How is Microsatellite Instability Testing Done? Top

MSI testing is performed by polymerase chain reaction (PCR)-based amplification of microsatellite repeats and comparing their size along with DNA in normal cells versus tumor cells. Currently, it is prepared through fluorescent primers and capillary electrophoresis.[22] National Cancer Institute has recommended a diagnostic panel for MSI testing in which two mononucleotide markers named BAT-25 and BAT-26, and three dinucleotide markers named D2S123, D5S346, and D17S250 are used. With this panel, MSI-H is defined when at least two markers out of five markers in tumor cells show variability in their size compared to normal cells. Meanwhile, if only one marker present instability in tumor cells, the molecular phenotype is classified as MSI-low (MSI-L). In microsatellite stable (MSS) status, there is no unstable marker in DNA of the tumor cells.[23]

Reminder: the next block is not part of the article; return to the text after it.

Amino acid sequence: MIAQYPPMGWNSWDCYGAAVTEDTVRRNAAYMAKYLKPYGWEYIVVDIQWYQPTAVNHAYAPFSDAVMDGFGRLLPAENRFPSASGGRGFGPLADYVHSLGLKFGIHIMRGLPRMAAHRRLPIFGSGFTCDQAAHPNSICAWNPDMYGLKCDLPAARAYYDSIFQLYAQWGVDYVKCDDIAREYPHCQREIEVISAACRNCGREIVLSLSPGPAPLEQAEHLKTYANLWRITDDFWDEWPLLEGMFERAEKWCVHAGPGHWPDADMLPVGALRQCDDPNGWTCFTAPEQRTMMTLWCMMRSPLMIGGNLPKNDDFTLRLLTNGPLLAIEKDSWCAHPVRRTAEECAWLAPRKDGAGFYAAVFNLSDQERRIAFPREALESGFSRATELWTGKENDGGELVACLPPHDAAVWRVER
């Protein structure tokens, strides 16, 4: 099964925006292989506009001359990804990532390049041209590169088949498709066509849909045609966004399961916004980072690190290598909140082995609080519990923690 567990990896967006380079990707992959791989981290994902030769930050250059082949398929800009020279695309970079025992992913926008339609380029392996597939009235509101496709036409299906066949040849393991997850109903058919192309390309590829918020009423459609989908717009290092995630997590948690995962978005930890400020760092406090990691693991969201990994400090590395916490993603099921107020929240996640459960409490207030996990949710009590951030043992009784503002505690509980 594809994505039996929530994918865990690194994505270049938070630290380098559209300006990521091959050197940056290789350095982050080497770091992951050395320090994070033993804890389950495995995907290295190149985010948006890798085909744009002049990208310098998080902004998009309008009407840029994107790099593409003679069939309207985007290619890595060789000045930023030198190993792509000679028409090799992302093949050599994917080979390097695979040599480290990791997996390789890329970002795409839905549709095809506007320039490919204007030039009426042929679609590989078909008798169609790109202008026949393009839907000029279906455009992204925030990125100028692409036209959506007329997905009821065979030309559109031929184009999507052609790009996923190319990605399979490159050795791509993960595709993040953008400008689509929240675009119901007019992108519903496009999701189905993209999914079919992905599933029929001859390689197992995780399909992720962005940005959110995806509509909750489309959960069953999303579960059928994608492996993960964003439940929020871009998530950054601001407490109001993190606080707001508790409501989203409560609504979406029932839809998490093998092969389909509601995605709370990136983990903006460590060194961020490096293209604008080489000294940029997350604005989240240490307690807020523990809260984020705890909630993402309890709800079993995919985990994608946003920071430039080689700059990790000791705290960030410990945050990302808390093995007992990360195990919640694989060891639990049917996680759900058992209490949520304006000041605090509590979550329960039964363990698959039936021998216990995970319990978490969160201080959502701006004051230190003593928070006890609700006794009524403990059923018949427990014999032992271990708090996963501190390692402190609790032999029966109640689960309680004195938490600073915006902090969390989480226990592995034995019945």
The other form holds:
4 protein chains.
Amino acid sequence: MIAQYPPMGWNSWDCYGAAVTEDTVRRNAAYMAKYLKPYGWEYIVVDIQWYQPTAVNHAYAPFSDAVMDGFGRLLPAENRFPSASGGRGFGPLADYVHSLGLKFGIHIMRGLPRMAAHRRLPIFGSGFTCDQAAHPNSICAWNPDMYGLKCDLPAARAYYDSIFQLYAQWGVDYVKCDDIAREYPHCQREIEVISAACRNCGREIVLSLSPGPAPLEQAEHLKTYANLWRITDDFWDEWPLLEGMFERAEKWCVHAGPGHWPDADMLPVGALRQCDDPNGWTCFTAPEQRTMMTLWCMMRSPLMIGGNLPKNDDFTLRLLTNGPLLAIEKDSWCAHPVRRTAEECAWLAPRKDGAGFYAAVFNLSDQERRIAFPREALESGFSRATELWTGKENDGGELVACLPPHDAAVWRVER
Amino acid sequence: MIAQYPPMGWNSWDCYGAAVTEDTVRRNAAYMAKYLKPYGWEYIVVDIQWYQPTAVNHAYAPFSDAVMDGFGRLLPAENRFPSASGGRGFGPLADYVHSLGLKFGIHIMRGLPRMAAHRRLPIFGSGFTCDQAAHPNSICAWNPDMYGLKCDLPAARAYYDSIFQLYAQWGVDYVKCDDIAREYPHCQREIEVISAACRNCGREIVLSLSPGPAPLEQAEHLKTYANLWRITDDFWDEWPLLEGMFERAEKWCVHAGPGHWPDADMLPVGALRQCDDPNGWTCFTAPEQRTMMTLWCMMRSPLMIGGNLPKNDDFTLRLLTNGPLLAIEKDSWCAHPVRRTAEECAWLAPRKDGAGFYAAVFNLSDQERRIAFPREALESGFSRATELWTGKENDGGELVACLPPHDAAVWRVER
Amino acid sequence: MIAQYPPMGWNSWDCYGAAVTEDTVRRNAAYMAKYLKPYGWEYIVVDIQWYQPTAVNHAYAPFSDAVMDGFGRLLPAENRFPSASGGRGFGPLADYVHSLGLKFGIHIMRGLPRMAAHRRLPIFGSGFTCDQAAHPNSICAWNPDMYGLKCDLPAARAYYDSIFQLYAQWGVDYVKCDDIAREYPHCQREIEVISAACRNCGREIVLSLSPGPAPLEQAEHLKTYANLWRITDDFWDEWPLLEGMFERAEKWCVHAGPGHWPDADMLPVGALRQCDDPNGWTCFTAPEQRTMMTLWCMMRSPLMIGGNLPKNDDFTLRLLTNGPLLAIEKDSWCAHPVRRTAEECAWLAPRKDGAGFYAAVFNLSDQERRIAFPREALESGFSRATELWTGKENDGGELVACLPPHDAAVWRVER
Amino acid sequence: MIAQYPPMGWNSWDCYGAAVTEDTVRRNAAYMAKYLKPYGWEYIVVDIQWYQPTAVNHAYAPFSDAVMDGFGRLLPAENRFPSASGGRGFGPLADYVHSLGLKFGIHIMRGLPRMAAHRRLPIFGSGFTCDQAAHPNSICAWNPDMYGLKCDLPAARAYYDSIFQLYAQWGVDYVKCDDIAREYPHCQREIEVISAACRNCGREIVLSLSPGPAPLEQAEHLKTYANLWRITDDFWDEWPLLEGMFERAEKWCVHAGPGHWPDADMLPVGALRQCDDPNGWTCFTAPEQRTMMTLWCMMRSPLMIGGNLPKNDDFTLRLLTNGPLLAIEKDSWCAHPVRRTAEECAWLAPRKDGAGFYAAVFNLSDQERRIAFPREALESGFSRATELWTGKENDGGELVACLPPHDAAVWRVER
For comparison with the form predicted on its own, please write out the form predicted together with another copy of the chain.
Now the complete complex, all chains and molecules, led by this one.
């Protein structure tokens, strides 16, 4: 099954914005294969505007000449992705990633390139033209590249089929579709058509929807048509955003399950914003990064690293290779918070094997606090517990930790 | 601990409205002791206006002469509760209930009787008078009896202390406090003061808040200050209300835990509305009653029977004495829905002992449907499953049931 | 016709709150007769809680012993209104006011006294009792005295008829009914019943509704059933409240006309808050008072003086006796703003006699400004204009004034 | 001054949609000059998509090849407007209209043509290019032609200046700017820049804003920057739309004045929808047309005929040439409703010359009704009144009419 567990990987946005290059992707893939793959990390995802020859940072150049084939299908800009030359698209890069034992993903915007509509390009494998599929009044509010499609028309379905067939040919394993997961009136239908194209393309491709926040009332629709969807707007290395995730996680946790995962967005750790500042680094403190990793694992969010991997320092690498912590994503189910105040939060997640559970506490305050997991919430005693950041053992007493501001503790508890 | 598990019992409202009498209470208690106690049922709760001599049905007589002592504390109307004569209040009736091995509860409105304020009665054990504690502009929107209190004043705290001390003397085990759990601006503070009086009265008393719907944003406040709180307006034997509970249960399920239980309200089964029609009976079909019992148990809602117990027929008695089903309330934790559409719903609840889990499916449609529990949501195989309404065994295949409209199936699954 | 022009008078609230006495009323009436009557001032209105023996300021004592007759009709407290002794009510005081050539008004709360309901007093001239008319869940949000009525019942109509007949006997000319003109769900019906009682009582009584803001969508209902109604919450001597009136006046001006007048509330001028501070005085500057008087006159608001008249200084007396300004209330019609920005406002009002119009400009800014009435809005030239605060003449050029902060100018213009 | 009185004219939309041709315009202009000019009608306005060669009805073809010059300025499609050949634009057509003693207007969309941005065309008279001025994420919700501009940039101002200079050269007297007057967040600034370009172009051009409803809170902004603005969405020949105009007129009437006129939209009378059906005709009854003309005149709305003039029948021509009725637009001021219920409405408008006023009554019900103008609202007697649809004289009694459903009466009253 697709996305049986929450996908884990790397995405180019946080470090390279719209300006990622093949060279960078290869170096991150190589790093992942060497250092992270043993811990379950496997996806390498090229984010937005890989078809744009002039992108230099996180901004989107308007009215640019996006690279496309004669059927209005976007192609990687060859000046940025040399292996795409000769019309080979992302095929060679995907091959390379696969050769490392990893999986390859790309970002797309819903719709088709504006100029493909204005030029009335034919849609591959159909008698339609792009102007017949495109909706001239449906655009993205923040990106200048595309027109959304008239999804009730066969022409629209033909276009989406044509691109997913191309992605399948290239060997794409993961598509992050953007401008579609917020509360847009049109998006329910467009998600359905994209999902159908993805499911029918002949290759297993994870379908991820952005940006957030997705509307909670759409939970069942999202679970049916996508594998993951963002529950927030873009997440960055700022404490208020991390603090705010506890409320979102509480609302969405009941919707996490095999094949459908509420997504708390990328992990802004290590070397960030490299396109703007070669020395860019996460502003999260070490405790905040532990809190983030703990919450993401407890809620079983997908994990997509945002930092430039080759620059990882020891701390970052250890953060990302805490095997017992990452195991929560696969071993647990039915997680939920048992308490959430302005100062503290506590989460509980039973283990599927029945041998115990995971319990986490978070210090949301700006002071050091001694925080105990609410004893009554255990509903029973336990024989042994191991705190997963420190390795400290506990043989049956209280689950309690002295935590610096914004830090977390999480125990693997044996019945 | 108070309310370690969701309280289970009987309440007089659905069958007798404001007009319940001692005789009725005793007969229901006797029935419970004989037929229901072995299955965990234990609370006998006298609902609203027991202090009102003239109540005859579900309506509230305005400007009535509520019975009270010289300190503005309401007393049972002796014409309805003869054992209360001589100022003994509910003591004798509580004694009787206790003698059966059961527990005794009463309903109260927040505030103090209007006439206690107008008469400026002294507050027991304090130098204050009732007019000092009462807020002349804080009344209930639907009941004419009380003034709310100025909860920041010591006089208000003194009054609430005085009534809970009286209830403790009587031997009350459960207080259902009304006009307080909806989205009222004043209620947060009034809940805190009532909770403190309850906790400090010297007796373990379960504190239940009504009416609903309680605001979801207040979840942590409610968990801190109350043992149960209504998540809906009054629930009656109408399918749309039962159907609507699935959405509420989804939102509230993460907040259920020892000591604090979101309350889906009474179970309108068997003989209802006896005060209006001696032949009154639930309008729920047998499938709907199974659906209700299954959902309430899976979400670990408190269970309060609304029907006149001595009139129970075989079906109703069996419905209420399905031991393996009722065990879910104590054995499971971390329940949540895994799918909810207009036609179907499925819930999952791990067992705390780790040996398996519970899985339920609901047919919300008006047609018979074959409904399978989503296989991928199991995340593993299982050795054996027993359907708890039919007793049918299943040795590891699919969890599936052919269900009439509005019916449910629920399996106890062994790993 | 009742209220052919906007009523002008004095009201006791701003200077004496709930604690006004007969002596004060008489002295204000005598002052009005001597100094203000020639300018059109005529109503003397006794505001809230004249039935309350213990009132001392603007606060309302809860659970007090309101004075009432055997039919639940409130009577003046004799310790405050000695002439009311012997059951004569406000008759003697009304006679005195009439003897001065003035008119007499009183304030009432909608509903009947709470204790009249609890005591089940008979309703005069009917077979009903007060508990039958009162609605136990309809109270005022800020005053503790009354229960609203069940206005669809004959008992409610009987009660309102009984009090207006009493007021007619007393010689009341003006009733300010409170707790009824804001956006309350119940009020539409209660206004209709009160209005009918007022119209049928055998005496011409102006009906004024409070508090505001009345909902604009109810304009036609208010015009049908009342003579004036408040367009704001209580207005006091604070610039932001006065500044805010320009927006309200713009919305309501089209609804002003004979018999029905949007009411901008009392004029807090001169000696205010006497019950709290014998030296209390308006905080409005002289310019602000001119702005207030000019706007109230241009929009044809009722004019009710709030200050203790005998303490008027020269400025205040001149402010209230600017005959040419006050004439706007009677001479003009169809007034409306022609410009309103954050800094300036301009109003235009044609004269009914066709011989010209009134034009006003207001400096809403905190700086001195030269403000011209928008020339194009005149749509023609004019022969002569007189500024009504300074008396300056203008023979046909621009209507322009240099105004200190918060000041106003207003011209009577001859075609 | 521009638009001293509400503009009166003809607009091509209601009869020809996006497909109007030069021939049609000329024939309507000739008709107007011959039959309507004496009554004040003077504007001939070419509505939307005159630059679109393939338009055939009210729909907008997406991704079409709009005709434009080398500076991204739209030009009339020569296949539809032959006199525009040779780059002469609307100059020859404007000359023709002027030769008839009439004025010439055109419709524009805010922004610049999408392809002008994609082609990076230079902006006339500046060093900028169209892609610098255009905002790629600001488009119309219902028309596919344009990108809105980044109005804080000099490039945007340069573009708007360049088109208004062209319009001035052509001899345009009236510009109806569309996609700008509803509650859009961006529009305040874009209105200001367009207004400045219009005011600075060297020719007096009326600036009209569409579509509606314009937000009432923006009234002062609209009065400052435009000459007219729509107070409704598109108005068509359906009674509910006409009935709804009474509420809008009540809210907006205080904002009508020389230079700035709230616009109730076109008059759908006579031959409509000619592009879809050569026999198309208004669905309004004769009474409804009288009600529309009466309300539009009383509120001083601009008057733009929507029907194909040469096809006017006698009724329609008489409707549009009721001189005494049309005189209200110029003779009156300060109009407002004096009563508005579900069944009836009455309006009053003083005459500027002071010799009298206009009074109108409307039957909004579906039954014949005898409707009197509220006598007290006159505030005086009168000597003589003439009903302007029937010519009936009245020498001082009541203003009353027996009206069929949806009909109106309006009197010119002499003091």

Afterward, some studies showed an upper specificity and equal or upper sensitivity for mononucleotide markers than dinucleotide markers in MSI testing, a fact according which some commercial kits were developed. These mononucleotide repeats are quasimonomorphic; hence nearly all people are homozygote for every common allele of a provided marker. Using the monomorphic markers simplifies interpretation of the data.[24],[25] Rather than mononucleotide markers, pentanucleotide markers were also included in a commercial diagnostic MSI kit, Promega MSI analysis system, to identify tissue mix-up.[24],[25] It uses a multiplex fluorescent survey in which PCR of the all five mononucleotide markers and two pentanucleotide markers is done in just a single reaction. The length of the amplified products is easily observable via a capillary electrophoresis method by which the cost of MSI testing has been significantly reduced.[26],[27] Some studies have shown that in MSI-L tumors, instability is usually observed just in dinucleotide markers. Therefore, if MSI analysis is only limited to dinucleotide markers, it might overestimate wrongly MSI-L or MSS tumors as MSI-H tumors.[28]